100 Greatest Films


Introduction


The Greatest Films can't be measured scientifically because greatness is extremely subjective. The artistic greatness of films (and other works of art) can never be rated or quantified, although critics, reviewers, and fans still make ten best lists, hundred best lists, all-time greatest lists, favorites lists, awards lists, and generate results of polls. Over a long period of time, it has been found that the English-language films found here in this selection of 100 Greatest Films repeatedly appear on all-time best film lists and are often noted in the collective responses of film viewers.

Arguably, there is reasonable consensus by most film historians, critics and reviewers that these selections are among cinema's most critically-acclaimed, significant "must-see" films (of predominantly Hollywood-American production). These 100 choices were limited to English-language, theatrically-distributed, narrative feature films. [That means foreign-language films, documentaries, TV movies and mini-series, and short films were not considered.] Emphasis in these selections is purposely directed toward earlier, more classic Hollywood/American films (and other English-language films) than more recent films, although some recent films (and British films) are included.

These are films that give us pieces of time that we can never forget. They have the power to entertain, enchant, inform, and move us emotionally - and change our perceptions of things. The films below range from the earliest defining silent films of Hollywood, to all the genre types (screwball comedies, westerns, etc.), and to the blockbusters and epics of today. These 'Greatest Films' refuse to fade from memory even after the long passage of time - they share the unifying fact of being seen and talked about decades after they were made. Many of these Greatest Films were made many years ago, and overlooked when they were first released, yet they have endured the test of time.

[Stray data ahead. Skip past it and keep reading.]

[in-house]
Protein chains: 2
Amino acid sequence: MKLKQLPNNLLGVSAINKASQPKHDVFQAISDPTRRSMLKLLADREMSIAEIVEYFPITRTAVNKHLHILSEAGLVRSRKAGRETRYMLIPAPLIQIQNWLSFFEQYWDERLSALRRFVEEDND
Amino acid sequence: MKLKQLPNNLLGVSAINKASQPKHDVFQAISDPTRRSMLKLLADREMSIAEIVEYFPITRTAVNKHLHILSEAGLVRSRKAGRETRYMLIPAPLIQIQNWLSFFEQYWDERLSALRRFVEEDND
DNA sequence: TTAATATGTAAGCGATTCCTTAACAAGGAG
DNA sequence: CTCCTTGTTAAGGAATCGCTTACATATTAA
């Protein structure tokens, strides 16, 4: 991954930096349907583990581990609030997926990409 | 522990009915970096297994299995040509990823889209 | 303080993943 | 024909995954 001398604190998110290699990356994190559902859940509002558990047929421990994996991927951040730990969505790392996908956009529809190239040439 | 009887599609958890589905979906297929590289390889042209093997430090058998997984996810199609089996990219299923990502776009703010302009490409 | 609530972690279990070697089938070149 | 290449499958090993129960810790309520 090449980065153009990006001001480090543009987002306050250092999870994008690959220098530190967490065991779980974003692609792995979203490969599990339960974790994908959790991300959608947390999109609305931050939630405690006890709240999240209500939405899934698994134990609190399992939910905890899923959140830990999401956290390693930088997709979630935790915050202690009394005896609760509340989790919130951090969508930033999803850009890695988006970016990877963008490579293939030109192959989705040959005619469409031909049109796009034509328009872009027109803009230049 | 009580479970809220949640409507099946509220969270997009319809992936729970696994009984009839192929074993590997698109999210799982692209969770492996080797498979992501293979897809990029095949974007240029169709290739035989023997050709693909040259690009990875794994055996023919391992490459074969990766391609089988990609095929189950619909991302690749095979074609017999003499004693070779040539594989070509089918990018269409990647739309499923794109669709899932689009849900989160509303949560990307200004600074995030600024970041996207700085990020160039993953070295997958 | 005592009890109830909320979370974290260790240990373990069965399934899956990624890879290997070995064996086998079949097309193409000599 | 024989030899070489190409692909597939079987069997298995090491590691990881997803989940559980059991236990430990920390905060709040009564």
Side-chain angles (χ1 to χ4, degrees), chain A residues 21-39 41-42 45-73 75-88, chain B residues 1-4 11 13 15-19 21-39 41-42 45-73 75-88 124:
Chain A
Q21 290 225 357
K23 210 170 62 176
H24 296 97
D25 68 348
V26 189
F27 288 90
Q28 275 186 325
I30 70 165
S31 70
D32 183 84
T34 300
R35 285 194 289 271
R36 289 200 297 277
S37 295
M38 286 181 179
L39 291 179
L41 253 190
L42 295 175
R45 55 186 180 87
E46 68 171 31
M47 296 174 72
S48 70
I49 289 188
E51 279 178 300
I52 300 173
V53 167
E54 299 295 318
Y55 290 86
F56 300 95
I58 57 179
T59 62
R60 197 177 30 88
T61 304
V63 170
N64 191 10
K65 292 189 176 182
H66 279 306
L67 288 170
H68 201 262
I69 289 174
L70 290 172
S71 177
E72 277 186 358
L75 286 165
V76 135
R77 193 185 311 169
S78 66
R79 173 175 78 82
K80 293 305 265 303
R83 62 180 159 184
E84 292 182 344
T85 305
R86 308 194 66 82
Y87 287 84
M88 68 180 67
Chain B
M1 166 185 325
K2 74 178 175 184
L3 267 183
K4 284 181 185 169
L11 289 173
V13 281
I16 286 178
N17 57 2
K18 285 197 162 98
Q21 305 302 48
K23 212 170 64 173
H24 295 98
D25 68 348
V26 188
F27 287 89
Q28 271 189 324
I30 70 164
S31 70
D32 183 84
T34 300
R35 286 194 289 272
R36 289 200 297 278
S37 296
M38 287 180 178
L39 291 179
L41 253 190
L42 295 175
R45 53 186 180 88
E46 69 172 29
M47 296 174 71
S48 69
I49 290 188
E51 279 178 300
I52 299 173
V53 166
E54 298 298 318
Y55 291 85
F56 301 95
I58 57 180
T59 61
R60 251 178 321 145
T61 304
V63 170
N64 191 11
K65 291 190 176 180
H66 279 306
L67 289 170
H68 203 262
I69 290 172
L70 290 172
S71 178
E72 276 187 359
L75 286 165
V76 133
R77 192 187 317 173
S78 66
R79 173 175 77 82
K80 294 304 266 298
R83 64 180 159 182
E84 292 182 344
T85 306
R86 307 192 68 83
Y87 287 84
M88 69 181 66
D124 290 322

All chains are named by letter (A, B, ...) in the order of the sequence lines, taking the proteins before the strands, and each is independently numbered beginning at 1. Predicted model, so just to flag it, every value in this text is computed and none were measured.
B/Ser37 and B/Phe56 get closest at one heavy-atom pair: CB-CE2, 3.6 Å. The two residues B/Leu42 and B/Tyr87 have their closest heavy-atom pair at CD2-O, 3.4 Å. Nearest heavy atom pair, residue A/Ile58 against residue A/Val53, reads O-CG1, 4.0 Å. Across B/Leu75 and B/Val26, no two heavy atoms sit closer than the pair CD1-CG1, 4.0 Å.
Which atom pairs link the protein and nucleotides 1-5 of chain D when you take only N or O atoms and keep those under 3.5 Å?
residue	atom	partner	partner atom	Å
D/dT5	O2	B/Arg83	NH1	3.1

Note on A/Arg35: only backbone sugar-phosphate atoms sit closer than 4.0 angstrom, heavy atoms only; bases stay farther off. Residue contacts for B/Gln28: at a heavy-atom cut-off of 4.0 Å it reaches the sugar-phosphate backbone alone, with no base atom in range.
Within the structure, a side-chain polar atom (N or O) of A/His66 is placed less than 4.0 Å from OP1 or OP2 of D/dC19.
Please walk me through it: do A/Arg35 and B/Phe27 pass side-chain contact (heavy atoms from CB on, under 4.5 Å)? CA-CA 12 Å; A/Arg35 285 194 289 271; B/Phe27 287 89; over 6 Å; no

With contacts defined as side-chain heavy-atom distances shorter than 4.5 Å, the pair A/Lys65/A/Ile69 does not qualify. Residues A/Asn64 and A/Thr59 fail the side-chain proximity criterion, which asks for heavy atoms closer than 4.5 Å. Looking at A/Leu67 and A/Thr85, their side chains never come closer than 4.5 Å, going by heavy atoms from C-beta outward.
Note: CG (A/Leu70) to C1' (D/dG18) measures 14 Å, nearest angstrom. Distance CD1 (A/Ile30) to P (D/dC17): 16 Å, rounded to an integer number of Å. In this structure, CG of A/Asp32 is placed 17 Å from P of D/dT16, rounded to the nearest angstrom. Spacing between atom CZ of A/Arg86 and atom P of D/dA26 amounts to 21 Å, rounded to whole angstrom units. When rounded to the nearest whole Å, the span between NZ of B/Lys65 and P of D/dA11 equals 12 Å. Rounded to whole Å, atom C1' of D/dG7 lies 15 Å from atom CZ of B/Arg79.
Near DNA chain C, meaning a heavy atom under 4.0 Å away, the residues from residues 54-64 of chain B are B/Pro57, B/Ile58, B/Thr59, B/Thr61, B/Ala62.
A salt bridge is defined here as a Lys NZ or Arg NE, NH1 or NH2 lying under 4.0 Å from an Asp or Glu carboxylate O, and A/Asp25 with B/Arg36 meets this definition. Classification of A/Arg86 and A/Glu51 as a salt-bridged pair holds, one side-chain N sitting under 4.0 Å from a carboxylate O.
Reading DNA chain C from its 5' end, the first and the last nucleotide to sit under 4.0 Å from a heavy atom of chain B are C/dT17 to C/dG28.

This selection of 100 Greatest Films in the last century of film-making - identified throughout the site by a yellow star - covers, by conscious choice, a wide range of genres, decades, stars and directors. They are film selections that have undoubtedly left an indelible mark upon our lives and reflect the defining moments of the last 100 years - films that give us pieces of time we can never forget. Detailed analysis and synopses for each of the Greatest Films include memorable movie quotes and lines of dialogue, and great moments or scenes.

These films were chosen with very specific Selection Criteria - further explained in another section of this site. These crucial film selections have undoubtedly left an indelible mark upon our lives and reflect many defining moments of the last 100 years. Comparative analysis and criticism provide the rationale for having many other Greatest Film Lists available for viewing on this site. [For a comparable list, you may wish to see the American Film Institute's original 100 Greatest American Films from 1998 and their list of 400 Nominated Films, as well as AFI's 100 Greatest American Films - 10th Anniversary Edition (2007) and their updated list of 400 Nominated Films.]

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100 Greatest Films
(alphabetical)
All 100 Greatest Films Are Indicated by Yellow Star Throughout Site

Part 1
Part 2
Part 3
Part 4
Part 5
Part 6
Part 7
Part 8

Part 1
(Descriptive Summaries)

The Adventures of Robin Hood (1938)

The African Queen (1951)


All About Eve (1950)

All Quiet On The Western Front (1930)

An American In Paris (1951)

Annie Hall (1977)

Apocalypse Now (1979)

Ben-Hur (1959)

The Best Years of Our Lives (1946)

The Big Sleep (1946)
The Birth Of A Nation (1915)

Blade Runner (1982)